Poetry Problems? Here Are 5 Tips to Help Improve Your Work

“All that is gold does not glitter,
Not all those who wander are lost;
The old that is strong does not wither,
Deep roots are not reached by the frost.

From the ashes a fire shall be woken,
A light from the shadows shall spring;
Renewed shall be blade that was broken,
The crownless again shall be king.”
― J.R.R. Tolkien


Poetry

There are so many different types of poetry and I claim to be an expert in none! However, I do enjoy poetry and I love to write poetry.

I’ve always cared about improving my own poetry and I’ve picked up on a few lessons along my journey. I thought that I would share some of those lessons with you, my readers, in case you have an inkling towards writing for yourselves.

Like everything in life, all developed skills follow a learning process. So, let’s keep an open mind and try to humbly improve from wherever we are right now. The moment we stop trying to learn is the moment that we start rolling backwards, so it pays to keep an open mind even if we think we’re pretty damn good.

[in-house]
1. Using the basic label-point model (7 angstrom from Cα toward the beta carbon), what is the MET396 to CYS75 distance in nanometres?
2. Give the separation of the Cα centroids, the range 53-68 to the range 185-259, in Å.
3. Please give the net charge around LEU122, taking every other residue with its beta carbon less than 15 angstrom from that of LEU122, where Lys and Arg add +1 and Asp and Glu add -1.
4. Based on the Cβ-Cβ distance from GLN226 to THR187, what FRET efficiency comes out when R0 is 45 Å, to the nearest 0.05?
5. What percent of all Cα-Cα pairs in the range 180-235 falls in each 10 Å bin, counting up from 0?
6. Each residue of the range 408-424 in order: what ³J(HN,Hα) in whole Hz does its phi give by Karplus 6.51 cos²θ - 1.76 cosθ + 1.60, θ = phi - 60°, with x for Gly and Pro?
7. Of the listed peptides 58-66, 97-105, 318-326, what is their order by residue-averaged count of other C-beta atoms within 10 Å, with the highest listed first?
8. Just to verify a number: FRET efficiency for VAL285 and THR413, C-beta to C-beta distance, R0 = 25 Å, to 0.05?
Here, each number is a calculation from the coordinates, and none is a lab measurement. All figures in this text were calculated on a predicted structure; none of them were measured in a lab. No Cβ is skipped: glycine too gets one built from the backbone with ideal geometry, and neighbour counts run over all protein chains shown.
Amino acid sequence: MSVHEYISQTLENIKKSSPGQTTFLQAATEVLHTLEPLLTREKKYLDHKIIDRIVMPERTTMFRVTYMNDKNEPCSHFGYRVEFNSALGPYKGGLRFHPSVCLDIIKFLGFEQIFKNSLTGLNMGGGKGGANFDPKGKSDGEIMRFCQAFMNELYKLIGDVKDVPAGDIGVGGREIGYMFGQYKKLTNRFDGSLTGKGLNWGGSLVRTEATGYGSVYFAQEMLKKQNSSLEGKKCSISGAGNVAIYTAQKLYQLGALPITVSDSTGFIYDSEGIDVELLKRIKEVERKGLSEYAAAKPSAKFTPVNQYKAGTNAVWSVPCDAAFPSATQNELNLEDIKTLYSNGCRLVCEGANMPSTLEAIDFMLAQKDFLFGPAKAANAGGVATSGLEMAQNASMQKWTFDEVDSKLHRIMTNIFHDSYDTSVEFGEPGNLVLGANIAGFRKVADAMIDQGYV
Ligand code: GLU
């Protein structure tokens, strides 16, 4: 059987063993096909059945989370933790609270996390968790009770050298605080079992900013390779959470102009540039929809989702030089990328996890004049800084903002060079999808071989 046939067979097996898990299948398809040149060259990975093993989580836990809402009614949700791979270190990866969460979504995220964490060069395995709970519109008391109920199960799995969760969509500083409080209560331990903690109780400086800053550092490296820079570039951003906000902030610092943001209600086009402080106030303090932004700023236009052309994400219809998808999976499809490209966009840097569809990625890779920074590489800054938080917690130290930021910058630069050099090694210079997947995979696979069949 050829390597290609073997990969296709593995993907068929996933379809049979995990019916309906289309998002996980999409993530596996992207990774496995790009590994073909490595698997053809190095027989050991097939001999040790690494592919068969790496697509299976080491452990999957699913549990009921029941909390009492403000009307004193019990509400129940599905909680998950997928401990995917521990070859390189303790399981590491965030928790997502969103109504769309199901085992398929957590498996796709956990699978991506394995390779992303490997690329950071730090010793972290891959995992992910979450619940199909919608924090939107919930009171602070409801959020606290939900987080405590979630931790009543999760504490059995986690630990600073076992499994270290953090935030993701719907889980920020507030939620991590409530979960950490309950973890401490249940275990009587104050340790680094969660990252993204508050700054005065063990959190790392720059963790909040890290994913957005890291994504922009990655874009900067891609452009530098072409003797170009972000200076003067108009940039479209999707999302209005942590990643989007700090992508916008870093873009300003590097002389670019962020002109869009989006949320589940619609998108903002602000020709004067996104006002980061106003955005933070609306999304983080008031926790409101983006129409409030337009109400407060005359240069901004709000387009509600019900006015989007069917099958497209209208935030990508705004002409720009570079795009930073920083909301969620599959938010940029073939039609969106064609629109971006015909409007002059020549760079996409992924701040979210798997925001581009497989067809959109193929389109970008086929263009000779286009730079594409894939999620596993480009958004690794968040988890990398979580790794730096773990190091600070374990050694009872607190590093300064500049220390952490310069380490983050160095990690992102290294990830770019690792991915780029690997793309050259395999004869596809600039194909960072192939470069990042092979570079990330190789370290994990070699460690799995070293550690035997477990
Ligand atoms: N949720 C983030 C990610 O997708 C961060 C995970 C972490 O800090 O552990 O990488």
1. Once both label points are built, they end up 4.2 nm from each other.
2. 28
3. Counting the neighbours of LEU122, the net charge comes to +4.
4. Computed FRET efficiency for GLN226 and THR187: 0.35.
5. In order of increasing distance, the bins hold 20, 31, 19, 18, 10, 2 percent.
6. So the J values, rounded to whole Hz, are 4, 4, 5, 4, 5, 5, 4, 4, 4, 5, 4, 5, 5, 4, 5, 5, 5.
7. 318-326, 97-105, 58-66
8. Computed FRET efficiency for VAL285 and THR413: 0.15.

The best thing about poetry is that it allows us flexibility in making our poems completely unique to ourselves! So make it your own. These are only some tips and guidelines but feel free to experiment. You do you!


Good Poetry Appeals To The Senses

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When you’re writing a poem you can be expressing a Universe through your words in a myriad of ways. You can be giving others a new perspective that they’ve never experienced before. You can literally take them on a walk through the eyes of another. The same goes for all writing in general, but it counts in poetry doubly. You’re creating a piece of art that plays on the senses and emotions in a short period of time.

Speaking of senses, all senses matter in poetry. Sight, Sound, Taste, Touch and Smell. The more you can bring to life these senses through your reader, the more power your poem will have. You’re creating a piece of art which messes with the senses of another human being and that’s incredibly powerful.  Add a healthy dose of descriptive writing, interesting stories and metaphors, and you’ve now created an experience. Just keep writing away and you’ll improve.

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Anais Nin – “Risk”

And then the day came,
when the risk
to remain tight
in a bud
was more painful
than the risk
it took
to blossom.


Write From The Heart – Edit After

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One thing that I’ve learned in the past 6 months of writing poetry, more regularly, is the value of expressing yourself and your ideas first. Afterwards, you can go over it again to make it sound really pretty. Once you’ve completely expressed yourself, you can read through the poem again adjusting little bits and pieces along the way to make it roll off the tongue smoothly. Adding and chopping words as you go.